Like father, like son? Luke Armstrong out to follow in footsteps of former English Premier League star Alun

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BY ALAN TEMPLE – Capital City Press

Luke Armstrong is determined to prove that the apple did not fall far from the tree as he targets a fruitful spell at Cowdenbeath.

The talented teenager is the son of retired striker Alun Armstrong, who played for the likes of Middlesbrough and Ipswich Town, even finding the net for the Tractor Boys in a 1-0 UEFA Cup win over Italian giants Inter Milan.

Colin Nish
Nish, pictured, brought Armstrong to Central Park following a successful trial period

 

Now 40 years of age, Armstrong Sr is under-16s coach at Boro – the club he joined in a £1.6 million deal from Stockport in 1998 – but is still playing a key role in his boy’s career.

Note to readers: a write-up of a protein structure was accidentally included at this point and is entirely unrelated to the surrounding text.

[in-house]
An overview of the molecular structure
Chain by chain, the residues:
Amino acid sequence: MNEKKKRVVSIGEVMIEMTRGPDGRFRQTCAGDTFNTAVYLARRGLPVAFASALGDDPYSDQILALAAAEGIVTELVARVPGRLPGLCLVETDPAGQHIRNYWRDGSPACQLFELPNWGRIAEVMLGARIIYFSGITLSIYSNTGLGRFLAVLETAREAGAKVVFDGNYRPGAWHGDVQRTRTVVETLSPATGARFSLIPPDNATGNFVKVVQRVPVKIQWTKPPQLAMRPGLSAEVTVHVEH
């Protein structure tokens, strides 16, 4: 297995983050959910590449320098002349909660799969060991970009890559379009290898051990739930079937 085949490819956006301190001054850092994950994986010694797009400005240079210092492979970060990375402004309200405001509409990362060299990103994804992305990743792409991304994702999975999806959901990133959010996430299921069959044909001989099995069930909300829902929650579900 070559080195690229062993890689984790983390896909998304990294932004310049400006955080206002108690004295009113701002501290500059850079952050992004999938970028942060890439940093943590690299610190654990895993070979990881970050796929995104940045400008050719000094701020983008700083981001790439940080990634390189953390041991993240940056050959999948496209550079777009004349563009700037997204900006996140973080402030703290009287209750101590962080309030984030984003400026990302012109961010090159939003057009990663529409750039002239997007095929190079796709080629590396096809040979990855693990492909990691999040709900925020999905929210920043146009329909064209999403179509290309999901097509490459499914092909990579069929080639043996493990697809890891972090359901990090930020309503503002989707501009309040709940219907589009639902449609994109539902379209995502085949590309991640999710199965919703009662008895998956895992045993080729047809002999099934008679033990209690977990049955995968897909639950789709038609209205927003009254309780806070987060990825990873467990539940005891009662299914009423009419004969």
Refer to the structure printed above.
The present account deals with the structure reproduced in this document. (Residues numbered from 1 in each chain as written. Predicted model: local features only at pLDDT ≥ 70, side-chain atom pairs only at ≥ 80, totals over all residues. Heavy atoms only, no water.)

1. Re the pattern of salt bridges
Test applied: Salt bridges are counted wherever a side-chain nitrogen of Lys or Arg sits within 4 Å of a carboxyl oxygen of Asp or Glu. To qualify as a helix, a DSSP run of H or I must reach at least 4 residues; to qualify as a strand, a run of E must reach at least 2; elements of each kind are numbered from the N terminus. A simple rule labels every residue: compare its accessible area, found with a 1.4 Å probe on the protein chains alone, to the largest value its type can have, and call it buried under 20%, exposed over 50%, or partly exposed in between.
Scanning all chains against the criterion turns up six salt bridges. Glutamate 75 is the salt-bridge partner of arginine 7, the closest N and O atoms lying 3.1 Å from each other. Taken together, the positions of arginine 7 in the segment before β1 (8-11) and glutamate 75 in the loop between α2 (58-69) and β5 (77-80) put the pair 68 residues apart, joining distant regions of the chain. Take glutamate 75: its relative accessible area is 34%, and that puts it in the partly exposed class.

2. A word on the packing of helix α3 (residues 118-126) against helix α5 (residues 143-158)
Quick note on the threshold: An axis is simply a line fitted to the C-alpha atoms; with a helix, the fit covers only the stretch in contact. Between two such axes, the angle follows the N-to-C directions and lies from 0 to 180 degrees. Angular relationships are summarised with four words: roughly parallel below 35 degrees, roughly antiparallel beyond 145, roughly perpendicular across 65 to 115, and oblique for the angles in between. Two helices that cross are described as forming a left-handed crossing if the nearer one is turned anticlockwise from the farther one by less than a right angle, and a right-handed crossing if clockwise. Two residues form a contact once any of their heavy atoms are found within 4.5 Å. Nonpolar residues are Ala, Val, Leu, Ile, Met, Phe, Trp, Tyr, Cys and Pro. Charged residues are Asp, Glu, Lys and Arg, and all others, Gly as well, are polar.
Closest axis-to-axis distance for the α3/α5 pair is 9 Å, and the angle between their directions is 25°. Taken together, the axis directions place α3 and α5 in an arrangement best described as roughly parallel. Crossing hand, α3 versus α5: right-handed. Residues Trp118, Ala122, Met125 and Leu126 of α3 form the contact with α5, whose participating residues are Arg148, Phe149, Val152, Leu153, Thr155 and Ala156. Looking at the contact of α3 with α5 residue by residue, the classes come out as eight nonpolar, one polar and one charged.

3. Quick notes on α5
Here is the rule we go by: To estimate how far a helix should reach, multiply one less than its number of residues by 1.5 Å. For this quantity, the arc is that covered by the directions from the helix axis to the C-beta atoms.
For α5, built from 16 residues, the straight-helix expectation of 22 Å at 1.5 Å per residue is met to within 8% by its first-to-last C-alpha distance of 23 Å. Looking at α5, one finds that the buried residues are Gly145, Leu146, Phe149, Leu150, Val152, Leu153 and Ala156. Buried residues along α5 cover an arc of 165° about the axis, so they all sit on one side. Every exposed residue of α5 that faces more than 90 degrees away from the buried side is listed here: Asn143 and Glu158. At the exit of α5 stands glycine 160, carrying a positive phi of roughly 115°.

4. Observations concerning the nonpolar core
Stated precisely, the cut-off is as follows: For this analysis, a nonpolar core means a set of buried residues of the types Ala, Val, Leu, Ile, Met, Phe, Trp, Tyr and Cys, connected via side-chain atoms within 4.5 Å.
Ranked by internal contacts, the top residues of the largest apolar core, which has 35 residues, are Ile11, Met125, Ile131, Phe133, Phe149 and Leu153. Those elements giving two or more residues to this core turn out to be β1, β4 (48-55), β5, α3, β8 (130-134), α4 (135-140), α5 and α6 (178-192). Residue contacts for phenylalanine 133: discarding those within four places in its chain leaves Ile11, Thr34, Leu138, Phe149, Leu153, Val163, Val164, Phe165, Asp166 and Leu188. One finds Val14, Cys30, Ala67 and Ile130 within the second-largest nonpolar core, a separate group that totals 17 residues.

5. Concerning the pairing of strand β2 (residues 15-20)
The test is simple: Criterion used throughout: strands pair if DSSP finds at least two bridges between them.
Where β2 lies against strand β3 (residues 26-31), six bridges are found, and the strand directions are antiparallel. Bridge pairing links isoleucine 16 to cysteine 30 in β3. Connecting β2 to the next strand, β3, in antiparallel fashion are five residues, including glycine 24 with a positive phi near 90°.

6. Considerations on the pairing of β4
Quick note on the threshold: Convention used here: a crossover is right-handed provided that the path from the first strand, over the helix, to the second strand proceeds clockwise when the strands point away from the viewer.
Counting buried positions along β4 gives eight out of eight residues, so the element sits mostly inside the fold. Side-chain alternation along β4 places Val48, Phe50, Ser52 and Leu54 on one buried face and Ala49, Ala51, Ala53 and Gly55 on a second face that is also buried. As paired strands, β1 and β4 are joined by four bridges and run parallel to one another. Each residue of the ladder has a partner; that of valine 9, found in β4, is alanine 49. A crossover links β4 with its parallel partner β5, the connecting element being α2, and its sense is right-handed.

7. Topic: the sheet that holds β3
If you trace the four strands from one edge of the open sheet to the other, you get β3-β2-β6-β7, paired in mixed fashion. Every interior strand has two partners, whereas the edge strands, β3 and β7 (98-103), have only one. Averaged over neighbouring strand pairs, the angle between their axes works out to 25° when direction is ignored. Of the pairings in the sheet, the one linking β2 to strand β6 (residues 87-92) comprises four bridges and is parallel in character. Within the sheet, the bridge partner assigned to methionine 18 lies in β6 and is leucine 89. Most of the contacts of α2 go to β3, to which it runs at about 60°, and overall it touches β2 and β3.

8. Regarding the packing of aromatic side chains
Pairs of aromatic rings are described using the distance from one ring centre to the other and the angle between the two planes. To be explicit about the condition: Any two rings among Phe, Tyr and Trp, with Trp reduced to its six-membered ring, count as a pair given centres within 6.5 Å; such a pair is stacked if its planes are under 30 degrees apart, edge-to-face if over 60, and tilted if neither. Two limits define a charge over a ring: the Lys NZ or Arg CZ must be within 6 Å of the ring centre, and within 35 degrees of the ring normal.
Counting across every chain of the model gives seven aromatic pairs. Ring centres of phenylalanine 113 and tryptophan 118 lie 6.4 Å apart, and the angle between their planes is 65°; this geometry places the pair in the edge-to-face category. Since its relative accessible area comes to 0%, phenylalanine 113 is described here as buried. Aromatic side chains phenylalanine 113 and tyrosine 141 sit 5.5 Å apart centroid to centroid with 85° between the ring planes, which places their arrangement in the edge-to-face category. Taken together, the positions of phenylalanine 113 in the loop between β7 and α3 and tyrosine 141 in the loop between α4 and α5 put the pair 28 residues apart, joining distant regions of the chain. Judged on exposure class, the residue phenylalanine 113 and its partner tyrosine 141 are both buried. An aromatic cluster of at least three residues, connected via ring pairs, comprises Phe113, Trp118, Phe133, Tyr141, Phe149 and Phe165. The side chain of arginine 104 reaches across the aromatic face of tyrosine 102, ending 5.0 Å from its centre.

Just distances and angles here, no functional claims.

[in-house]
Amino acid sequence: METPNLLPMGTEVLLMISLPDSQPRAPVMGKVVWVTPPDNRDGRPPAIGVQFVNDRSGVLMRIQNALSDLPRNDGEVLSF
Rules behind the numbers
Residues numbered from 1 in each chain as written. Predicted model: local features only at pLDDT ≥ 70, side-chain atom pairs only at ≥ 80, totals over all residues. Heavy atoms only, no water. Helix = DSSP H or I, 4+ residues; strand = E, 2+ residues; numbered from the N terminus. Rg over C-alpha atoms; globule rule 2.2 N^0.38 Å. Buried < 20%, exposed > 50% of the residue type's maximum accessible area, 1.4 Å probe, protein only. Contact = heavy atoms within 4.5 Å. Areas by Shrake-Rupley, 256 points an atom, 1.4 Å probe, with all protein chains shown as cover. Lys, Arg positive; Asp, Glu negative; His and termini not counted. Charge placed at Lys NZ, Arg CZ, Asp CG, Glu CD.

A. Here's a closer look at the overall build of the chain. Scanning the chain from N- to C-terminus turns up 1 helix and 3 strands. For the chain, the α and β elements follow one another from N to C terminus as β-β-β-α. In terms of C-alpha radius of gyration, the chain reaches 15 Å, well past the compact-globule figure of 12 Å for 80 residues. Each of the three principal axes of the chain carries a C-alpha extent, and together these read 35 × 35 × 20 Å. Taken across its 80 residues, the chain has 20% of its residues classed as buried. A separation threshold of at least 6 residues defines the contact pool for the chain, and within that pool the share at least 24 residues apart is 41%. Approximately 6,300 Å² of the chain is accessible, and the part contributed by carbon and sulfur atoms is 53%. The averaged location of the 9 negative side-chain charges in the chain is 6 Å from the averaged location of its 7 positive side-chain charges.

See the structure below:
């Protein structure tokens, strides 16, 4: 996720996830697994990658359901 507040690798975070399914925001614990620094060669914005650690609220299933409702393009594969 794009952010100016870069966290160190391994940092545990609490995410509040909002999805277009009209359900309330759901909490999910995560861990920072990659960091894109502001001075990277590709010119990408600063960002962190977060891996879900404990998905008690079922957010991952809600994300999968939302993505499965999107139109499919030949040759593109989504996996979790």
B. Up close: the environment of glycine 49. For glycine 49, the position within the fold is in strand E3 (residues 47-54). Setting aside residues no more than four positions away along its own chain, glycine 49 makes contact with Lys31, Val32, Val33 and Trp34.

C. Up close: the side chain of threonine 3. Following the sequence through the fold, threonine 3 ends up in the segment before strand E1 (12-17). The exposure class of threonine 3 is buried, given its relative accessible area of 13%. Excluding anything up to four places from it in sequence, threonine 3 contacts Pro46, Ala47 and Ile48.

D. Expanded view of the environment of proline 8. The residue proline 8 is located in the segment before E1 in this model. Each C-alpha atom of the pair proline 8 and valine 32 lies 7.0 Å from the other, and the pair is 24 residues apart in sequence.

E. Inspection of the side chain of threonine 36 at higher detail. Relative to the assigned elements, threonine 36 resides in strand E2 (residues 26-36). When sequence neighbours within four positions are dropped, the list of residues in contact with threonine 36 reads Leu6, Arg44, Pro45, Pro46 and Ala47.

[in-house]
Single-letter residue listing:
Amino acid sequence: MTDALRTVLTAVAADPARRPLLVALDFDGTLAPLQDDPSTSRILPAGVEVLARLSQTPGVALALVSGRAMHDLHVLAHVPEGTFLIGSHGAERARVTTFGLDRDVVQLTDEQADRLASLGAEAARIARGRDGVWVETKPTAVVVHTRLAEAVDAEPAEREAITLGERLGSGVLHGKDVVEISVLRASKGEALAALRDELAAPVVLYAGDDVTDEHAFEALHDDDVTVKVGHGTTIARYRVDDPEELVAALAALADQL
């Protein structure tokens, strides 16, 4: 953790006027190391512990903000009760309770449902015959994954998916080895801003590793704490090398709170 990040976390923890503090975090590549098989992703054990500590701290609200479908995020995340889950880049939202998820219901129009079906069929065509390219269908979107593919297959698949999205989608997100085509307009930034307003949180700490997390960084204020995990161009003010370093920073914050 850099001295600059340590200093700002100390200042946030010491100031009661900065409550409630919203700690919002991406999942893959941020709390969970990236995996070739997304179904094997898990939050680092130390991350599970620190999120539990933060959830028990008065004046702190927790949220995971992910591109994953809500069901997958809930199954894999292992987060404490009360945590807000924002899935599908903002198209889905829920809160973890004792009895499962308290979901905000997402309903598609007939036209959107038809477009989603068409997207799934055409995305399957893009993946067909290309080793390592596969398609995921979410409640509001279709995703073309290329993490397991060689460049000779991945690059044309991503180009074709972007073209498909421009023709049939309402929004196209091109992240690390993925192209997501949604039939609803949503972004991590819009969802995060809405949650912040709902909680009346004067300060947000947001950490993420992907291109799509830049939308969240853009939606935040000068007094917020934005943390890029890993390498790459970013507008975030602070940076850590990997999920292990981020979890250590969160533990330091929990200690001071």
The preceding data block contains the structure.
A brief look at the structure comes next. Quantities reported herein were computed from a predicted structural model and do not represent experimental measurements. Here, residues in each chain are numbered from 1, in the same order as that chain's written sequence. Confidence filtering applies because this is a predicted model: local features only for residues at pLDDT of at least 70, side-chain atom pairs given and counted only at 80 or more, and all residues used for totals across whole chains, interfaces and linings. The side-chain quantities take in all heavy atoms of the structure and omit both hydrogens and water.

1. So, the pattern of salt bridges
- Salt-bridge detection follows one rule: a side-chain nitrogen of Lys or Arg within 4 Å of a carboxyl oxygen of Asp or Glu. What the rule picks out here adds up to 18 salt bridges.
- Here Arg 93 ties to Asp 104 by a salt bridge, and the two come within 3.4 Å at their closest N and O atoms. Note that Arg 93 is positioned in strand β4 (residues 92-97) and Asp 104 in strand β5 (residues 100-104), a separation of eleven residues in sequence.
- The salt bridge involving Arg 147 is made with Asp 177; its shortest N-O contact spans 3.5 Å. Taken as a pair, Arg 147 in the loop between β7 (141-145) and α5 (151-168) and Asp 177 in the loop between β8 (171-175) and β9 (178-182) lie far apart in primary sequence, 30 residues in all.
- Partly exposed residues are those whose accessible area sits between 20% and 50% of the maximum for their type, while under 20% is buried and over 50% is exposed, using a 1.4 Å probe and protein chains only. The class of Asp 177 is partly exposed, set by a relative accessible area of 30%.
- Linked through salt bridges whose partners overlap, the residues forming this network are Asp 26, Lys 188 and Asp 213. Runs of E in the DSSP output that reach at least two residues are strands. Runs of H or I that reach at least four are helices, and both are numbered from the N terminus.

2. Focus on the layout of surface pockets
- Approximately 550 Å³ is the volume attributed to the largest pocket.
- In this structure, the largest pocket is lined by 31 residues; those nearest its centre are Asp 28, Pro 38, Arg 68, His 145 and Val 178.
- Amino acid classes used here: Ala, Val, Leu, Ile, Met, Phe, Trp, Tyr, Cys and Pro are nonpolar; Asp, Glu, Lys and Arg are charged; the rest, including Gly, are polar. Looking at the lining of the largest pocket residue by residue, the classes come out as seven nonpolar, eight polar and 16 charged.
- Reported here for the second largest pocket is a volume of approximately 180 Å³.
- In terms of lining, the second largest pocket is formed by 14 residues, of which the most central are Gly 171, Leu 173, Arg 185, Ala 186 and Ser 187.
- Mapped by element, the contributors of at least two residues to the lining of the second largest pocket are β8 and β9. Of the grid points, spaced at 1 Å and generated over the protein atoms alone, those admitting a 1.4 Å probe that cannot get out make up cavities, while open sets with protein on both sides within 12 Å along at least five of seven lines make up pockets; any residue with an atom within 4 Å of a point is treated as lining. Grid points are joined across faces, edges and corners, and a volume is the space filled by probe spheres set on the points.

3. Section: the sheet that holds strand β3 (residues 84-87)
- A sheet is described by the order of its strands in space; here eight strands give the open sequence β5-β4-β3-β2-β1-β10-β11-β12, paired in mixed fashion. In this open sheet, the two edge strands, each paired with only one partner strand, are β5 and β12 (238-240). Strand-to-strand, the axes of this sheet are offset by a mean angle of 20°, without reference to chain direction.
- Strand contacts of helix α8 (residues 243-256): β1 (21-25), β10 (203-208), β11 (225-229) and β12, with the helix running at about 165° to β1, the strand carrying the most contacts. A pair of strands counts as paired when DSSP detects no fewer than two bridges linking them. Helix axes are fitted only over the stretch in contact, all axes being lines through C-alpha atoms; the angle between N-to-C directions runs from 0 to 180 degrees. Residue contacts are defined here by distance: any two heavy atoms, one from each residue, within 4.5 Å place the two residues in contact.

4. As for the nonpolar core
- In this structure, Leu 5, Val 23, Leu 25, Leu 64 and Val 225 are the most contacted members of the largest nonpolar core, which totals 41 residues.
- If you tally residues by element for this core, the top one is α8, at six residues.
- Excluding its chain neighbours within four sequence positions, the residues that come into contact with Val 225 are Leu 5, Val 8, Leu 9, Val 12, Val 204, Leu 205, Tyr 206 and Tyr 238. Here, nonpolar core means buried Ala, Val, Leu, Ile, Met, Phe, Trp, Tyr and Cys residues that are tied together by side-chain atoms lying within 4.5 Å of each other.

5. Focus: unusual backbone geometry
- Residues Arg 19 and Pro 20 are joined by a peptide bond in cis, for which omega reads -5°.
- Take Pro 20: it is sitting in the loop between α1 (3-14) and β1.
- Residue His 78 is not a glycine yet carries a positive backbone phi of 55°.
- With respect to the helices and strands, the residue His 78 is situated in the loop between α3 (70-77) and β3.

He helped manufacture Luke’s move to Central Park following a chat with Blue Brazil boss Colin Nish and the youngster is determined to make the most of his opportunity north of the border.

Armstrong Jr said: “My dad has contacts up here and the gaffer [Nish] heard about my availability and invited me up for a couple of trial games. I really enjoyed it and the gaffer was pleased and made me one of his signings.

“My old man is a massive part of my career. He used to play in the English top league so he has plenty of expertise to pass on and he knows a lot of people involved in the game. Whenever anyone hears that I am looking for a club, they just give him a ring!

“He is constantly looking to give me advice and make me a better player, so he is the man I listen to. As a fellow striker, he is a great coach – but he’s also pretty hard on me. That’s what dad’s are like, I suppose.”

Armstrong, who was highly-regarded as a schoolboy in England, has played for Middlesbrough and Birmingham City at youth level but left St Andrews this summer in search of first-team football.

He added: “I needed to go somewhere and play matches – real games. I want to play at as high a level as I possibly can and I think this is a great opportunity for me to progress.”

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